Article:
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Twickenham Studios to Close Down
It has been at the heart of the film industry for 99 years. But after playing host to productions from the gems of the silent era to the latest Hollywood blockbusters, Twickenham Film Studios is to close its doors.
A string of celebrated directors have filmed on its three stages, including Lord Attenborough, Roman Polanski and Steven Spielberg, whose recent film adaptation of War Horse was partly filmed there.
It famously housed The Beatles A Hard Days Night, their doomed Let it Be film, Michael Caine’s Alfie and The Italian Job, and more recently The Iron Lady and My Week With Marilyn starring Michelle Williams.
Twickenham is believed to have struggled to keep pace with rising rents in the area, and to compete with larger studios like Pinewood in Buckinghamshire and 3 Mills in the East End, which have larger stages and more advanced technology.
Gerald Krasner, the administrator handling the unwinding of Twickenham Film Studios Ltd for the restructuring company Begbies Traynor, said: “Twickenham Studios has debts at the moment that it can’t pay, but if we sell the property, everyone will get paid in full.
“It has lost money for a few years now, and the shareholders have already put in substantial monies but they are not prepared to put any more money in. It will not be retained as a film studio, because there is no way of making it pay as a film studio.”
Mr Krasner confirmed that all 17 members of staff at the studios would be made redundant within the next six months. He declined to say how much debt the company owed, or to how many creditors.
The last accounts posted by Twickenham Film Studios Ltd for the year ended March 2011 showed that the company made a loss of more than £400,000.
Although last year saw record levels of overseas investment in British film production, with War Horse, Harry Potter and the Deathly Hallows: Part 2, and Martin Scorsese’s Hugo all filmed here, profits from those blockbuster films are channelled back into the American studios and production companies behind them, like Disney, Warner Brothers and Paramount, and not British film studios, whose running costs and rent are often higher than fees they can command for hire rates.
Twickenham Film Studios, circa 1930
Originally called St Margaret’s Studios and built on the site of a former ice-rink, Twickenham studios were established in 1913 by Dr Ralph Jupp, the founder of the London Film Company.
The same year, The House of Temperley, a silent film directed by Harold M. Shaw based on a novel by Arthur Conan Doyle, was the first film shot there.
In 1929, the studio was renamed Twickenham Film Studios, following the new ownership under Julius Hagen and Leslie Hiscott.
In 1935, a fire destroyed the studio building, taking with it the entire contents of the camera and sound departments and claiming 15 years of work by the studio’s stills photographer, Cyril Stanborough. Further destruction was caused by a bomb blast in 1939.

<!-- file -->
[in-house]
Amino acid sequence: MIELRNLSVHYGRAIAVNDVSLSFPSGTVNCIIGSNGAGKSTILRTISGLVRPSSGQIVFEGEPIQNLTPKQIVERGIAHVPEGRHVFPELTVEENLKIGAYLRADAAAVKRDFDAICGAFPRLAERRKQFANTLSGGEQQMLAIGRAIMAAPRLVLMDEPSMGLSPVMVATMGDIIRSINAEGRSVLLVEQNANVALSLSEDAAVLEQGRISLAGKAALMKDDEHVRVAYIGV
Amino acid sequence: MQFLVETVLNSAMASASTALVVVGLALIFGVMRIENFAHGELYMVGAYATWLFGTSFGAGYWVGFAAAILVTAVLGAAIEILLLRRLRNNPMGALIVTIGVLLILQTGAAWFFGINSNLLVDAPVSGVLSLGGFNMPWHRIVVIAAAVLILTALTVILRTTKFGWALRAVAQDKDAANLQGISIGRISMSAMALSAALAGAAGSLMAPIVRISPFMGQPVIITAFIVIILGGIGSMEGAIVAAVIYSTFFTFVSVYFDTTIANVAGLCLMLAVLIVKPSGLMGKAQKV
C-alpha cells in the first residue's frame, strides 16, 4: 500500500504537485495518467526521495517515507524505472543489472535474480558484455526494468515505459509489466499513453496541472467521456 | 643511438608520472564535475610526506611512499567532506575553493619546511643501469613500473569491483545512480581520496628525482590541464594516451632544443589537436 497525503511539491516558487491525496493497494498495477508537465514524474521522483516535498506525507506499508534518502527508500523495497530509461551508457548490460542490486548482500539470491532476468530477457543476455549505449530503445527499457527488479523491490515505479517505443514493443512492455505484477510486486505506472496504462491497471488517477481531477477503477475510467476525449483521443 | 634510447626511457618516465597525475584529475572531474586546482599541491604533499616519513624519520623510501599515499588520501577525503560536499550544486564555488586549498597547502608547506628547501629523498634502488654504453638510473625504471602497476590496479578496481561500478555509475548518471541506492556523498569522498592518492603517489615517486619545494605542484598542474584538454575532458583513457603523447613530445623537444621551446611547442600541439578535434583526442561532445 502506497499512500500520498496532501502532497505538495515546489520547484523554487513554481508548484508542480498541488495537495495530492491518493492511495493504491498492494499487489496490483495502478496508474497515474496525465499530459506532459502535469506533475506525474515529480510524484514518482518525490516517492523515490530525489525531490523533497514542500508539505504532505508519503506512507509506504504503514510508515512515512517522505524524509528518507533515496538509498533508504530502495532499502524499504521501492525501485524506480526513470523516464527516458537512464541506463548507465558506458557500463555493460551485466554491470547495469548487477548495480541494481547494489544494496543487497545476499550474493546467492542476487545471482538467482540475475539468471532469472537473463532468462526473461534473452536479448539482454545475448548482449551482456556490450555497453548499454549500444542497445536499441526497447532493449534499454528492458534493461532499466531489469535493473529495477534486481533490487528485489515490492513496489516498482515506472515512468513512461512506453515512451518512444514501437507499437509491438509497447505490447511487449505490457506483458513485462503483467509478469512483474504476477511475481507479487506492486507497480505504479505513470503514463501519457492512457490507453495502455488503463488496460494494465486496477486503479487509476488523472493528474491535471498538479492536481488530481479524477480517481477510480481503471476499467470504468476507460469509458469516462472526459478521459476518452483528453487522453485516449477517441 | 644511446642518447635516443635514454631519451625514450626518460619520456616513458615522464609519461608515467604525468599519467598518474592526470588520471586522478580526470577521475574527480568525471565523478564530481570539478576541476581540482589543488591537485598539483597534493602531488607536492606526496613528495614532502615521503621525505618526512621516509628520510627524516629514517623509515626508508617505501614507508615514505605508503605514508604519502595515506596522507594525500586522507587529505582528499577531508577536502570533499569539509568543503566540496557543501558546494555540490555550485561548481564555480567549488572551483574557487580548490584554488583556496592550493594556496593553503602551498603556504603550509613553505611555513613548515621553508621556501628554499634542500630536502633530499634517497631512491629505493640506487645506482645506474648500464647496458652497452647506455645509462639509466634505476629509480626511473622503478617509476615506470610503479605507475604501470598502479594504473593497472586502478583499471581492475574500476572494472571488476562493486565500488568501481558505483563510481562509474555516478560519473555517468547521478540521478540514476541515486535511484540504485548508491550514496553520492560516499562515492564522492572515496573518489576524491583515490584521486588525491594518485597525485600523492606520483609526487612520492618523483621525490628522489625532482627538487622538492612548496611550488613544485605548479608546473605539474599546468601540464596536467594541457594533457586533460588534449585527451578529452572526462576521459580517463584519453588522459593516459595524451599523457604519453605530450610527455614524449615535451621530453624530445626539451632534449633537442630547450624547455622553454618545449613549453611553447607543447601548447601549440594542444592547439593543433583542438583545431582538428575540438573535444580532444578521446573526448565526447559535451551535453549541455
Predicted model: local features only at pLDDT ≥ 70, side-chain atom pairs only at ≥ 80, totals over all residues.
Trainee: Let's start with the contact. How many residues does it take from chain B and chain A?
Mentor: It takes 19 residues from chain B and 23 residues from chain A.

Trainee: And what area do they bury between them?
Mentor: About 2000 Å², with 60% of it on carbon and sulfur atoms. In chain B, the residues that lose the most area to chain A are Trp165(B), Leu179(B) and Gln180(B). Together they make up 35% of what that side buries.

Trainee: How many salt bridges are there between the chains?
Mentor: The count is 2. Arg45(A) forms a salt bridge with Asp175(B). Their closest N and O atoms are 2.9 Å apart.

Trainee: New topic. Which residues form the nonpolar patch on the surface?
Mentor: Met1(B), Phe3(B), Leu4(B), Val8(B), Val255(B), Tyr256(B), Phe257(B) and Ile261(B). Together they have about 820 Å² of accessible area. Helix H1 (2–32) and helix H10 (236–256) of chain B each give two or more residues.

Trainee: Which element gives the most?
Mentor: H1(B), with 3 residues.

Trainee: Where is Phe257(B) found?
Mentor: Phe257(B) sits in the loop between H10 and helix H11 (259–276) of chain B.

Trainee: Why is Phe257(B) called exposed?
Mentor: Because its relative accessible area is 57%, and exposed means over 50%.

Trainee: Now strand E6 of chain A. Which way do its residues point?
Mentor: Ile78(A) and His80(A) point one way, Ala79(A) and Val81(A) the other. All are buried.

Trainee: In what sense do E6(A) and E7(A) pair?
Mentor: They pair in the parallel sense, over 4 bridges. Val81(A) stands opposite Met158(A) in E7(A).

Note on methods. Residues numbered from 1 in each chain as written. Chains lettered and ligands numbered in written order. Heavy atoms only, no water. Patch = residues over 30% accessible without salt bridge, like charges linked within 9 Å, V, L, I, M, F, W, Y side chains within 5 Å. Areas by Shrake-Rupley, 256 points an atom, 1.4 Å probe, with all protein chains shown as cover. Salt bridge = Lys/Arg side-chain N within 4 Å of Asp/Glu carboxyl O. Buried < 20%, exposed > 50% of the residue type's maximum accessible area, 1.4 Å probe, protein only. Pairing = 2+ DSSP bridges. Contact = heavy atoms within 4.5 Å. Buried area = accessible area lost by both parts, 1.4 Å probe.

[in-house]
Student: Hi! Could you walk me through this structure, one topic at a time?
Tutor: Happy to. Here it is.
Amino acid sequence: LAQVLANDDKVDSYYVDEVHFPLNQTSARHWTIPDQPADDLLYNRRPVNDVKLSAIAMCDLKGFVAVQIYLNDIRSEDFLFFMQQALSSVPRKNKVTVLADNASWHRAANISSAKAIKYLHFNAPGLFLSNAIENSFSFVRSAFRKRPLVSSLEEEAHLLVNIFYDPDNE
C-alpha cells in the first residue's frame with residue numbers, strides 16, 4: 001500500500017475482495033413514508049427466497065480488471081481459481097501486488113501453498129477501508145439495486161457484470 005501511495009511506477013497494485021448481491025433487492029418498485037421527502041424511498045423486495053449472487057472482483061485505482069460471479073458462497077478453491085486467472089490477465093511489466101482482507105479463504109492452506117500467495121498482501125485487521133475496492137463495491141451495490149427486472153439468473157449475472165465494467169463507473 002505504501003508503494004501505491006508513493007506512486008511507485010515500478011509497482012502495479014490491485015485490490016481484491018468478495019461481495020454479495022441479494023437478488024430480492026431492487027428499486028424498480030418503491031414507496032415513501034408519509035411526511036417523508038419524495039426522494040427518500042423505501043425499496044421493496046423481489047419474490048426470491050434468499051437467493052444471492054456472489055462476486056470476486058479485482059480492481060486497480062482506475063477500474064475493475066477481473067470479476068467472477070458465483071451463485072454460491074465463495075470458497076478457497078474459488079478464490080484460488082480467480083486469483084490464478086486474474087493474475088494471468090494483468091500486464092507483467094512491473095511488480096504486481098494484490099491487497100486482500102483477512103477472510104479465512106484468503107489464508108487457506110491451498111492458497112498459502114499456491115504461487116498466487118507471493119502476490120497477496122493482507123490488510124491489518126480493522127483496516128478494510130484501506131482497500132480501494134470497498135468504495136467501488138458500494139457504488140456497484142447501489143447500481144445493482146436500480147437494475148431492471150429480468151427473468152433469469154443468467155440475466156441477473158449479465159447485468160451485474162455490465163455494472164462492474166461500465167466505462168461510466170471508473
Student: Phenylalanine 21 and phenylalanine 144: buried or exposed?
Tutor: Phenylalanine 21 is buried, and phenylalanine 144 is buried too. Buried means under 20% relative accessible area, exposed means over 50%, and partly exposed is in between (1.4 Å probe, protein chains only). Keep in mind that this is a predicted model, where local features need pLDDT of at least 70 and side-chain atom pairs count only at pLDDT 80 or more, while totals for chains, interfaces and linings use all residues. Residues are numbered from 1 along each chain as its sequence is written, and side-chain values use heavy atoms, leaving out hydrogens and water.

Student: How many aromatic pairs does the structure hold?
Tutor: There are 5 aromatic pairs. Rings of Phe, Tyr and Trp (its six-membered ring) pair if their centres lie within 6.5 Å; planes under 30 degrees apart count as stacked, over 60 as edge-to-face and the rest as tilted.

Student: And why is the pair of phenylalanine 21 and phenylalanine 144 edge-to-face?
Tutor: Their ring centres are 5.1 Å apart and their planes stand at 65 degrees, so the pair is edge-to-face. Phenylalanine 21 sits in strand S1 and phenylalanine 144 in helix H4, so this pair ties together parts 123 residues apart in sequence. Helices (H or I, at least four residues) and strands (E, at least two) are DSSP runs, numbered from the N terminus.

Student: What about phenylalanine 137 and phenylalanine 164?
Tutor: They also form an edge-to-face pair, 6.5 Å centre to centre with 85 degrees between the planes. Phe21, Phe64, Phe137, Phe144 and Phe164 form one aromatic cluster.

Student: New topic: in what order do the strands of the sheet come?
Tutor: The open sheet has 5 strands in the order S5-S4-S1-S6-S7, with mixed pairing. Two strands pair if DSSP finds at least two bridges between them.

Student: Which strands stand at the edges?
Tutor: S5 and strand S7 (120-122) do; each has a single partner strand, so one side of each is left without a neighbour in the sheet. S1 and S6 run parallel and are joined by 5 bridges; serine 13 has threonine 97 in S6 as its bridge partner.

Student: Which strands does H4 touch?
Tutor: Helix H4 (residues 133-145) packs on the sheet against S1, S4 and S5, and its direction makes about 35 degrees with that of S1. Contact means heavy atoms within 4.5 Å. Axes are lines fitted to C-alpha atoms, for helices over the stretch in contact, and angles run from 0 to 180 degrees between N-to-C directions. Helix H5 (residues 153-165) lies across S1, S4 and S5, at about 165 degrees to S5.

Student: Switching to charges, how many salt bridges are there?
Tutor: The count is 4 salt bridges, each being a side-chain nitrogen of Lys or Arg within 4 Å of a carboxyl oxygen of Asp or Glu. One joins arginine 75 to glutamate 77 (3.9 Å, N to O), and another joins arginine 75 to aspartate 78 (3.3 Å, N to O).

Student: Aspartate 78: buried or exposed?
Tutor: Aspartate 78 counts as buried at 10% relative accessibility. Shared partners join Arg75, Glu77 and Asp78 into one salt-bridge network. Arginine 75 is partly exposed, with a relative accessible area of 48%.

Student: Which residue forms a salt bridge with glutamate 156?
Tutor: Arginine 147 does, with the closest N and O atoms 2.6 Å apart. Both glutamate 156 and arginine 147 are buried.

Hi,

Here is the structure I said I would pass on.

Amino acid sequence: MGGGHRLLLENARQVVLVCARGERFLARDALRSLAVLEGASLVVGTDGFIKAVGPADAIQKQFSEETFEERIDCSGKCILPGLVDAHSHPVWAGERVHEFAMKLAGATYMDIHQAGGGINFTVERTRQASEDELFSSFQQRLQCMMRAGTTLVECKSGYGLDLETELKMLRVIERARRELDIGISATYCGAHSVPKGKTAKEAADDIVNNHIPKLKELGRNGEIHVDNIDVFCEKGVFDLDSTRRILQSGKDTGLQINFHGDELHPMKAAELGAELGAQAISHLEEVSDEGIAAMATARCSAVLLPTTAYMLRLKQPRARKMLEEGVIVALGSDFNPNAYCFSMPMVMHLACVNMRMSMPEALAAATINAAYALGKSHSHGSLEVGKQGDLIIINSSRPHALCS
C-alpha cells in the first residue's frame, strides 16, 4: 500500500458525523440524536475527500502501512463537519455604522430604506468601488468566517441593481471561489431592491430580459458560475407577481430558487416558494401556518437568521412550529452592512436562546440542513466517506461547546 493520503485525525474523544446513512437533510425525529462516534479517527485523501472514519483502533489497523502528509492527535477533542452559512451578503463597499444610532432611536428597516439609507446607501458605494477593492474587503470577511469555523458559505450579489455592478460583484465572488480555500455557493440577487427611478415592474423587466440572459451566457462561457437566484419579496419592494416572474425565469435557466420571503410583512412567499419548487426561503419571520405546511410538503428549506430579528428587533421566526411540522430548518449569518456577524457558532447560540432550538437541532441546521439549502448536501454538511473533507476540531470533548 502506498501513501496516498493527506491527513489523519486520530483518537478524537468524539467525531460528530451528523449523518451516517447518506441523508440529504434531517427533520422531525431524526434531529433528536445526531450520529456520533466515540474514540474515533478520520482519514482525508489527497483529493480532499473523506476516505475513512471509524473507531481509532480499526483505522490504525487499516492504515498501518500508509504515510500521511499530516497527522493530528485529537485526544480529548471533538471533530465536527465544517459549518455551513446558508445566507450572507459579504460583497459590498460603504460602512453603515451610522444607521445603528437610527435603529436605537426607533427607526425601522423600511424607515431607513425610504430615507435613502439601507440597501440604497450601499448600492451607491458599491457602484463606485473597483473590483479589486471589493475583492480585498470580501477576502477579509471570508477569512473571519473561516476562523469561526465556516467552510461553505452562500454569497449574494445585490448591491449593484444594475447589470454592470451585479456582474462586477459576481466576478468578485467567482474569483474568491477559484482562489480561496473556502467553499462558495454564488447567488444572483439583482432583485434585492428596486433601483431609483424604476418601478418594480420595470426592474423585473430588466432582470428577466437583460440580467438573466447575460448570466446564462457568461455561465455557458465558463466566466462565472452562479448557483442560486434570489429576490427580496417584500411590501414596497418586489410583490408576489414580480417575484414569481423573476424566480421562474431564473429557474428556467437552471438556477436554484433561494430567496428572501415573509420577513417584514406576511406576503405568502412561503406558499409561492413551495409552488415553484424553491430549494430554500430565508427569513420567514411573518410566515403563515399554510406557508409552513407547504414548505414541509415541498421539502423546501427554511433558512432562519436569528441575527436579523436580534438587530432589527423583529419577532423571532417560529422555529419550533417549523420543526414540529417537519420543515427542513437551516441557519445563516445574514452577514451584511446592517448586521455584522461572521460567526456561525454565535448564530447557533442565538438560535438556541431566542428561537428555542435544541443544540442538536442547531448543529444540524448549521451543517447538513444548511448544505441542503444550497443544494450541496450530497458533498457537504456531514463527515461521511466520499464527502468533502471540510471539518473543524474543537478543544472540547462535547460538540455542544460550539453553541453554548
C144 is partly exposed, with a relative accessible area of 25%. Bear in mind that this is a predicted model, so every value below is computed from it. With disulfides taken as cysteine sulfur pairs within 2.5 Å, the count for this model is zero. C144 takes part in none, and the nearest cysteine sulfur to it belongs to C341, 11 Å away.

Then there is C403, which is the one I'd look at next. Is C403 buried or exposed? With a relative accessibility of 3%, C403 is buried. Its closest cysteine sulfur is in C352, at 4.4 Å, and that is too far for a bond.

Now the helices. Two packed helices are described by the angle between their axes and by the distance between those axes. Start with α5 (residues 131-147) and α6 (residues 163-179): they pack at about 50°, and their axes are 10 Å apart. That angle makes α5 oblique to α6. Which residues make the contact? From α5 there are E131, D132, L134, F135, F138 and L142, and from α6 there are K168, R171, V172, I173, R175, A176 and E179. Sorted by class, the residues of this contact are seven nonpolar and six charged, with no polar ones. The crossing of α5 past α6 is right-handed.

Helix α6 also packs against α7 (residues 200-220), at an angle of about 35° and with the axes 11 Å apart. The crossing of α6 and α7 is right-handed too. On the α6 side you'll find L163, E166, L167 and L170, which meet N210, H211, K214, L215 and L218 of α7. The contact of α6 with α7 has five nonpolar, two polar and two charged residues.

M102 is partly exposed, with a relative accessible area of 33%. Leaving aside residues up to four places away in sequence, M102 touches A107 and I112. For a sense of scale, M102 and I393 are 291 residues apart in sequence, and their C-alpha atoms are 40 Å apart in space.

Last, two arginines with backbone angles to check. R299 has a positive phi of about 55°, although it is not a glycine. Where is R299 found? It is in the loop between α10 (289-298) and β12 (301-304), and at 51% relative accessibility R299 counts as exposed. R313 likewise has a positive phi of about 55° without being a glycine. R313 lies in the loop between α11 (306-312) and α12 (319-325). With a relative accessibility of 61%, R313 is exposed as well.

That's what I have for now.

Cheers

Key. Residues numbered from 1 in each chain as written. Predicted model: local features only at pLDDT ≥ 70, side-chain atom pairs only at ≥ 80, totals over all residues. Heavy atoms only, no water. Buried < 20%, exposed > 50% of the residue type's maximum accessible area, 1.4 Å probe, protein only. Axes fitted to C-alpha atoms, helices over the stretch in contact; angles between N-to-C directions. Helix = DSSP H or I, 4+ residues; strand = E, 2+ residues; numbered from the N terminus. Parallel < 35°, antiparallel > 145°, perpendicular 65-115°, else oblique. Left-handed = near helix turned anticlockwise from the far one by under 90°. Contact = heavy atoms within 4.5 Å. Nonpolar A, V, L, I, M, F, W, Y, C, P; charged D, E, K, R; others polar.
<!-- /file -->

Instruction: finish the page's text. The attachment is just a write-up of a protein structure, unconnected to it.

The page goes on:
During the 70s and 80s, Twickenham Studios continued to do well so it was decided to expand the facilities.
The success has grown over the past few decades, with a new sound centre opening in 1980. More recently the studio has been involved in projects such as Shanghai, Sleuth and Elizabeth the Golden Age.
The old viewing theatre and wardrobe department was also used for recent film, My Week with Marilyn, based on diary entries of Colin Clark, who worked as an assistant director on the Prince and the Showgirl – where he met Marilyn Monroe.
Parts of the film were shot in Twickenham Studios in October of last year, as part of the two-month filming schedule, to recreate the original setting of the film at Pinewood Studios in 1956, where the Prince and the Showgirl was predominantly filmed.
Director Simon Curtis said: “I love Twickenham Studios. We loved the wardrobe and corridor outside the wardrobe at Twickenham and this is where Emma Watson filmed some scenes for the film.”
Joseph Bennett, an acclaimed film production designer who created the sets for Jude starring Kate Winslet at Twickenham, said that its closure was “a great shame”.
He said: “Working at Twickenham, you felt as if you were truly part of film history. It had an extraordinary atmosphere, so much more intimate than some of the larger, more corporate modern studios.”
The studios are owned by an overseas company, Shardub Enterprises, registered in the Dutch Antilles.
Its directors are Malek Akkad, an American film producer behind the Halloween horror films franchise, Bruce Grakal, an American lawyer, and Roger Sewell, an accountant.
None was available for comment.